Swiss Trusts rejected by Federal Council
In a blow to those who may want to see more flexibility in estate planning in Switzerland, the idea of a Swiss trust has been shelved for the foreseeable future.
At its meeting on September 15, 2023, the Federal Council took note of the results of the consultation on the introduction of trusts into Swiss law. It concludes that there is currently insufficient political consensus for the introduction of a Swiss trust. The proposed tax rules were clearly rejected by the participants in the consultation. In view of this, the Federal Council has decided not to prepare a dispatch and proposes that Parliament reject the motion.
The trust, which originates in Anglo-Saxon law, is a flexible instrument: in the family context, it is often used to plan inheritance and pass on wealth over several generations; in the economic sphere, it is also used to preserve and administer assets, for example with a view to financing investments and transactions. Since the entry into force of the Hague Trust Convention in 2007, trusts set up abroad have been recognized in Switzerland, and this legal institution has become increasingly important in Switzerland.
To ensure that Swiss players do not have to resort to foreign trusts, Parliament mandated the Federal Council in motion 18.3383 to introduce the Swiss trust into the Code of Obligations. The Federal Council sent out a draft for consultation. The opinions expressed, which the Federal Council took note of on September 15, 2023, clearly show, however, that the project currently has no chance of gaining a political majority.
The Federal Council proposed to regulate the taxation of trusts in law. However, most participants in the consultation are critical of the proposed solution and are essentially calling for current taxation practice to be maintained.
Although a majority of respondents agreed that Switzerland lacks an instrument for wealth management and estate planning, many were skeptical about the idea of creating a Swiss trust. In view of the results of the consultation, the Federal Council has come to the conclusion that the introduction of the trust into Swiss law is unlikely to command a political majority at present. In these circumstances, the Federal Council has decided to dispense with the drafting of a dispatch and proposes that Parliament shelve the motion.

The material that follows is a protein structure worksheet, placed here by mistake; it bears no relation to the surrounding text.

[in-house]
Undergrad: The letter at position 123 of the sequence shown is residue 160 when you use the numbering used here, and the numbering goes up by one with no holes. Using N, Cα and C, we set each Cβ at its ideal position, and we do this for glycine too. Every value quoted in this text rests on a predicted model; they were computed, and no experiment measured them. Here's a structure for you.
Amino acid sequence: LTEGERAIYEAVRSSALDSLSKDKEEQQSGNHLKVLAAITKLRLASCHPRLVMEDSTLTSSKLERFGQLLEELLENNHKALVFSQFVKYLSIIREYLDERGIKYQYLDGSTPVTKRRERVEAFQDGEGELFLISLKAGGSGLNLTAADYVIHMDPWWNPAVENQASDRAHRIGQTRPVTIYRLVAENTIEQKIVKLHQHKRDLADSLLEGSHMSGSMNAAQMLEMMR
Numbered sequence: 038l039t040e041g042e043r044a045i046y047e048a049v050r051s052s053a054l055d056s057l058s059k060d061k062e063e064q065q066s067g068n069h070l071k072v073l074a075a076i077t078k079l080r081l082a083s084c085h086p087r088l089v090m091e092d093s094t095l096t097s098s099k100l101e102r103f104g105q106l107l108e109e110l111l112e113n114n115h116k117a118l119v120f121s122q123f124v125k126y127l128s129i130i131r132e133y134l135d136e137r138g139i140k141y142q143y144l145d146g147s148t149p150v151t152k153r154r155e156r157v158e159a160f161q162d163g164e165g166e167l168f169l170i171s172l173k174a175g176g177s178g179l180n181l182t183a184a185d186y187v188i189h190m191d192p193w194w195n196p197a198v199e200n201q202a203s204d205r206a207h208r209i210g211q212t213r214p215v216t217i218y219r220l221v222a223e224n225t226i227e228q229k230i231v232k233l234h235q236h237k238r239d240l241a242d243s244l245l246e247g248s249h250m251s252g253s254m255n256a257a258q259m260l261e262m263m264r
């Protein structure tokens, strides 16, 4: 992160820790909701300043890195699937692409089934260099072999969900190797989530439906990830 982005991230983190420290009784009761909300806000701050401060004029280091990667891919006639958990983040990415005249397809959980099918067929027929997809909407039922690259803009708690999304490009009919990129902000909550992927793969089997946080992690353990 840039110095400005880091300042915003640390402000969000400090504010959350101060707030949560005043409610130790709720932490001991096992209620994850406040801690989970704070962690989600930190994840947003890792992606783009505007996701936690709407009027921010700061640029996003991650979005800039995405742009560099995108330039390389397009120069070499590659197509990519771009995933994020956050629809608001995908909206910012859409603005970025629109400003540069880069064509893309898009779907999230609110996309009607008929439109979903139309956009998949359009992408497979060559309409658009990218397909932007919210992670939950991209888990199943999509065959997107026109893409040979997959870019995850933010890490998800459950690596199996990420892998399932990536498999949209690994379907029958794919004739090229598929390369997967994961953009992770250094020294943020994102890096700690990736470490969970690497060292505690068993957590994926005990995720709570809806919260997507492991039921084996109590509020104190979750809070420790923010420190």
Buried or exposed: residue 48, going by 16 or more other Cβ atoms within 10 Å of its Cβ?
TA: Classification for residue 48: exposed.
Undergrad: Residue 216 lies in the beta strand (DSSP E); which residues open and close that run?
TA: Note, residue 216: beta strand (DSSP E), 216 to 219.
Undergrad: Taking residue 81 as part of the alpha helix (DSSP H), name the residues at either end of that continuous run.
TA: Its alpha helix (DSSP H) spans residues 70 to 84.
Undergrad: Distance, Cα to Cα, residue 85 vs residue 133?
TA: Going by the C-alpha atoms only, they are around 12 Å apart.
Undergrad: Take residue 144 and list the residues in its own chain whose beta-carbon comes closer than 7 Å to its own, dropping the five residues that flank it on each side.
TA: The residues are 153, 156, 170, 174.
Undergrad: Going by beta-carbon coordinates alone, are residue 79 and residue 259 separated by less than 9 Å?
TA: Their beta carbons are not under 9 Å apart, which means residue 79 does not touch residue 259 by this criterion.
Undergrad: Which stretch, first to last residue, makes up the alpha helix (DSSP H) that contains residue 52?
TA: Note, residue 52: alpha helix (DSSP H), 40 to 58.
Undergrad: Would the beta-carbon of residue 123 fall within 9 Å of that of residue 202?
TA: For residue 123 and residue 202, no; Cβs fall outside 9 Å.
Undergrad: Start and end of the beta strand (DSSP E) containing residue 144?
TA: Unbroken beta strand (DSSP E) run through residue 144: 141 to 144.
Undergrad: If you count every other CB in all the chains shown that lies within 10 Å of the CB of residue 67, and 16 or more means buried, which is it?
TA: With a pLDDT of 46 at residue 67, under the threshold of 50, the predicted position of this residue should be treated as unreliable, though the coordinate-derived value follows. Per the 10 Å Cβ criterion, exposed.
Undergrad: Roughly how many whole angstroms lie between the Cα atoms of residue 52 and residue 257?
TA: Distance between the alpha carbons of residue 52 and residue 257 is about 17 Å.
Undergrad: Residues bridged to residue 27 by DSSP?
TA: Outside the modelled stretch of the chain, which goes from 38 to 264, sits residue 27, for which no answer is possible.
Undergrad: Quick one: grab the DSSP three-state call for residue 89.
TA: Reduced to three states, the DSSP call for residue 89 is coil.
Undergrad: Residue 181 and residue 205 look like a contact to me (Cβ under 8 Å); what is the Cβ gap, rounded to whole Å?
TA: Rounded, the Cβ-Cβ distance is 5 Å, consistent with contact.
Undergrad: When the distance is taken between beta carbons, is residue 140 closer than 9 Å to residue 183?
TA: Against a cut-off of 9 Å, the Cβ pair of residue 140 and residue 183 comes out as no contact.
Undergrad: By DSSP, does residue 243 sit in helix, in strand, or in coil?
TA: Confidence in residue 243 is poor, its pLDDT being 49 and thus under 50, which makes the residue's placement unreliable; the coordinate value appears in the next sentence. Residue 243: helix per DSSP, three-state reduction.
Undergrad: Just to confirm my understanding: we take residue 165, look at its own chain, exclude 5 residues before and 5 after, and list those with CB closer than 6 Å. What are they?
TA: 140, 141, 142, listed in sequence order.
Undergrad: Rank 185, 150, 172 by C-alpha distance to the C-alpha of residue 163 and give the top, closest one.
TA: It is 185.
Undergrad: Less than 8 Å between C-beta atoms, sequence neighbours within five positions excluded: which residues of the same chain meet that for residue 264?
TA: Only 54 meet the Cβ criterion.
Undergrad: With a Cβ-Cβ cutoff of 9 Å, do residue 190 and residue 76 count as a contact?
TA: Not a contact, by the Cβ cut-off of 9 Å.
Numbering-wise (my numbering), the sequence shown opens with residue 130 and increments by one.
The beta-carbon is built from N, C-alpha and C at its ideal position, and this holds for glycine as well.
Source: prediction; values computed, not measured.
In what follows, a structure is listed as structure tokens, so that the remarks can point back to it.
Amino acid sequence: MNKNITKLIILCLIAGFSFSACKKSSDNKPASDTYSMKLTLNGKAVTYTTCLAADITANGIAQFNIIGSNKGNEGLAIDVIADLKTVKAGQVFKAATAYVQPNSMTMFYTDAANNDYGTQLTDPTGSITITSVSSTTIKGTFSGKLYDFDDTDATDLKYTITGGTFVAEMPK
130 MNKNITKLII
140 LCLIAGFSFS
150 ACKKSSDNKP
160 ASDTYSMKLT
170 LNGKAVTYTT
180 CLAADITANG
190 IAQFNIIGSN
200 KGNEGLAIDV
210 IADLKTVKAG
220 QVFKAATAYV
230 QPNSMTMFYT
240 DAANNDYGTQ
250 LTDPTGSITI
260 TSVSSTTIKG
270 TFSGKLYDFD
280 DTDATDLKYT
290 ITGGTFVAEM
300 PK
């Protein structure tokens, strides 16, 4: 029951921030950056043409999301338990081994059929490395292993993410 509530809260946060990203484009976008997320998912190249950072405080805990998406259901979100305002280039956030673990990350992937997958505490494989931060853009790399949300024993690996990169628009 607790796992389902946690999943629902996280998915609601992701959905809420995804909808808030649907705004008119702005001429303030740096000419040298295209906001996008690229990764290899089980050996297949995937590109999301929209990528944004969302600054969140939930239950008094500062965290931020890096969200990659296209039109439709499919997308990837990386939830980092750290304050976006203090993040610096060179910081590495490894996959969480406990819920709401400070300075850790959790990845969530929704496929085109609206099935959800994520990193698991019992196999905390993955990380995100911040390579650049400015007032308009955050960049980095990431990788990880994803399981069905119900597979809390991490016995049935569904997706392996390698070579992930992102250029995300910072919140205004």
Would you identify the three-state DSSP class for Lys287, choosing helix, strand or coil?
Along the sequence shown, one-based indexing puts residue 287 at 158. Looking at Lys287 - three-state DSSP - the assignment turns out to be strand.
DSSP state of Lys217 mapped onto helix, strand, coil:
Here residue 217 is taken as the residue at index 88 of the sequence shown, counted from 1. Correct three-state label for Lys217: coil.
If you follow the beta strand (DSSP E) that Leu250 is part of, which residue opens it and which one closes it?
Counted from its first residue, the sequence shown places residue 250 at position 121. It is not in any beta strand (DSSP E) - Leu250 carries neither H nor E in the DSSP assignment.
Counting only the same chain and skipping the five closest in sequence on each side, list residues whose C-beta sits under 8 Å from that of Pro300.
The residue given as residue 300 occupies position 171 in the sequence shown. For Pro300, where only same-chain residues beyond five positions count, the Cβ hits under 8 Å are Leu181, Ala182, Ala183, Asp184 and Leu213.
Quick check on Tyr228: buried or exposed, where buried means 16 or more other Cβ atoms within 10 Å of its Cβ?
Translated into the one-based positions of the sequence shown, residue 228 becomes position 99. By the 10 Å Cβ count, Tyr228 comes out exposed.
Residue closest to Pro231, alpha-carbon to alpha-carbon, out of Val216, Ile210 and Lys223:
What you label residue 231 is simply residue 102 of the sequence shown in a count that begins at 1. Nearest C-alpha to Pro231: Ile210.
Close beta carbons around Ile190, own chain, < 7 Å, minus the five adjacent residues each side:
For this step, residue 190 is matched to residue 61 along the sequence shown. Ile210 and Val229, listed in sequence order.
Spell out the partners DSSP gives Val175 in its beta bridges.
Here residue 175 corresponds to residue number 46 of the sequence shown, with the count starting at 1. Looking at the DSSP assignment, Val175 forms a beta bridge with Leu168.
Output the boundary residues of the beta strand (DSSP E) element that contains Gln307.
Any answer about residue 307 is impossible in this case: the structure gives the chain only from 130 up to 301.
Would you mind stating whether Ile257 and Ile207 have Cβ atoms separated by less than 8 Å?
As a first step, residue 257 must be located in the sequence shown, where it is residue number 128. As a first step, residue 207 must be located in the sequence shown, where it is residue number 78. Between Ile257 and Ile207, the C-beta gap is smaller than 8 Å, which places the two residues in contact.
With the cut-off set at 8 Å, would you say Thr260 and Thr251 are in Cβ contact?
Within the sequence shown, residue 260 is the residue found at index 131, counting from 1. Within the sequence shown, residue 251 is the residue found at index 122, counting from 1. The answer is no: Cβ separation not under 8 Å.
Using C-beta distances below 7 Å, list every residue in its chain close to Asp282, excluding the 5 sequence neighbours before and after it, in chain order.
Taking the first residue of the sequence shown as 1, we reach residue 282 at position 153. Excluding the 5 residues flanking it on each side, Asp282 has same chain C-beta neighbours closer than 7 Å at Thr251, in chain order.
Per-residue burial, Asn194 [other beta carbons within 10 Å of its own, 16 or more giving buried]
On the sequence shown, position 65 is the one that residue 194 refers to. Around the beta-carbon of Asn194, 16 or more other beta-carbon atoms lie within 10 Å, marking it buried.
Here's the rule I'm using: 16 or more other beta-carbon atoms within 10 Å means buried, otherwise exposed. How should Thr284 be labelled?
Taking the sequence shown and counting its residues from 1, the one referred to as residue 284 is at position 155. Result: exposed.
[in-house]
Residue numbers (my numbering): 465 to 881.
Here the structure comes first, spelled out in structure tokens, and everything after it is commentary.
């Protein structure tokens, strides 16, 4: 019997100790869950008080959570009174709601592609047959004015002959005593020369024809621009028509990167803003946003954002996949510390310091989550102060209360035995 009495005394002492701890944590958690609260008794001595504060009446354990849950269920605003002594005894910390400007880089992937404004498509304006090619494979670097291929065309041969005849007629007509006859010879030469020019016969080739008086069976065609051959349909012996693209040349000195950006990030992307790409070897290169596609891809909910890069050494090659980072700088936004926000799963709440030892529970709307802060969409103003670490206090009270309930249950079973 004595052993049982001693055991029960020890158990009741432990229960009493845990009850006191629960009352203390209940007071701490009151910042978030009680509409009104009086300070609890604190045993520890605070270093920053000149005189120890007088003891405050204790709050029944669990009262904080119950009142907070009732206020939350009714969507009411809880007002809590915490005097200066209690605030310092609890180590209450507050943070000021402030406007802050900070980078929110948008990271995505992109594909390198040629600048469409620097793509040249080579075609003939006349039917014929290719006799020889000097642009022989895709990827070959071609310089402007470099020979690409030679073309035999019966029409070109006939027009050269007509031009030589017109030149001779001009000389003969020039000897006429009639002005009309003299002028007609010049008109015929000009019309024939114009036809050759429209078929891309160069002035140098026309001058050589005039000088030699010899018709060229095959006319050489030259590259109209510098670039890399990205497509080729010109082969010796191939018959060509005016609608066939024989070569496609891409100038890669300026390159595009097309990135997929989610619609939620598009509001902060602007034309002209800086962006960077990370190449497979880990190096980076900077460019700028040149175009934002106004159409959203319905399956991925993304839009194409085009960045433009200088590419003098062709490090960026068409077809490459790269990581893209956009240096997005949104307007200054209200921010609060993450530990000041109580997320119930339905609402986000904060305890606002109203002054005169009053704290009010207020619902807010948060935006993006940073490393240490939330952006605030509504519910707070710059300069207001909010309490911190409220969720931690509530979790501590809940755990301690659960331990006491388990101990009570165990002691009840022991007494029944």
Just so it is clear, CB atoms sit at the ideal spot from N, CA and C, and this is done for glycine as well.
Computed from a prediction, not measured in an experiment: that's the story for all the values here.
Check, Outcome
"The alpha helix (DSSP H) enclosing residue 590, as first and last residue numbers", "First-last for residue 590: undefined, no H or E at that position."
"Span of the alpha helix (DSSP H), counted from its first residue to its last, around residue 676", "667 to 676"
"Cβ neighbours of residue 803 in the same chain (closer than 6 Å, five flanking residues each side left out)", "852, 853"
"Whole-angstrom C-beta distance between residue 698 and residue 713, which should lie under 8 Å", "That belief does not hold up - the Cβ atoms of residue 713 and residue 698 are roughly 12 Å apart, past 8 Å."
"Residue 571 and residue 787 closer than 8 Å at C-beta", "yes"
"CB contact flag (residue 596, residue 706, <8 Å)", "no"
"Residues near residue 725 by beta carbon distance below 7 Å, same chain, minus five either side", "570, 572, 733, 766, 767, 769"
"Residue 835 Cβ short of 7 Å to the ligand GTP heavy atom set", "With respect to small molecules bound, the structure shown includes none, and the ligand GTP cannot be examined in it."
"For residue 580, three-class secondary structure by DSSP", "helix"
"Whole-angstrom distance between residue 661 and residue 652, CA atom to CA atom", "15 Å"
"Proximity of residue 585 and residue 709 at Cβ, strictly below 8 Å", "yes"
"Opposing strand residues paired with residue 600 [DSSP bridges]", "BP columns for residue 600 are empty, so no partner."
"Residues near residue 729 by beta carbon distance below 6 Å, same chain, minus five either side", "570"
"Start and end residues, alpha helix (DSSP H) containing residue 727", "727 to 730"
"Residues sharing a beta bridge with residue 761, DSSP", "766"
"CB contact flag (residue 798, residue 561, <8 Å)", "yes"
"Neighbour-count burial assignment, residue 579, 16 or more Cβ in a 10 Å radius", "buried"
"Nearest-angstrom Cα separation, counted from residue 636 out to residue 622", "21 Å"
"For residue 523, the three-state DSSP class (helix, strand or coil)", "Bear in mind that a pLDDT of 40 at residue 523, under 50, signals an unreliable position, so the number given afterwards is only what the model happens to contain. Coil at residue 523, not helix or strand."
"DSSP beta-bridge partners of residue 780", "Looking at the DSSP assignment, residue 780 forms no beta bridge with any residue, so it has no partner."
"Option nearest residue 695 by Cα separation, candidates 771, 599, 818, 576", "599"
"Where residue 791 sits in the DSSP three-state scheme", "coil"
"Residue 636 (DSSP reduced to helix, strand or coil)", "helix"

None of this, however, prevents foreign nationals’ resident in Switzerland from using trusts where appropriate.
Inheritance laws differ from country to country, especially within Europe, and without careful and prior planning, expatriates who have pensions, property and assets in more than one country may inadvertently pay tax twice or become trapped in probate in multiple tax jurisdictions.
One example of this is the issue of testamentary freedom, or the ability to pass your entire estate to whoever you wish, including your spouse. Many European countries do not allow full testamentary freedom, however recent changes in legislation offer much greater flexibility for foreign nationals on the choice of tax law that would apply on death.
So, whilst estate planning is sometimes thought of as only being relevant for the very wealthy, in practice it is relevant for anyone who has a family and /or is concerned about what would happen in the event of their death. Proper estate planning involves ensuring that your assets are held tax efficiently and will be distributed in line with your wishes, and planning should take place throughout life and not just on death.
Typical measures may include:
- Writing a will
- Appointing executors of your estate, and guardians for younger children
- Establishing a life insurance contract
- Creating a trust
What is clear is that the consequences of inaction can be significant, and often expensive and it is therefore essential to ensure proper planning is in place. For an accurate assessment of your own situation in this regard, contact us.
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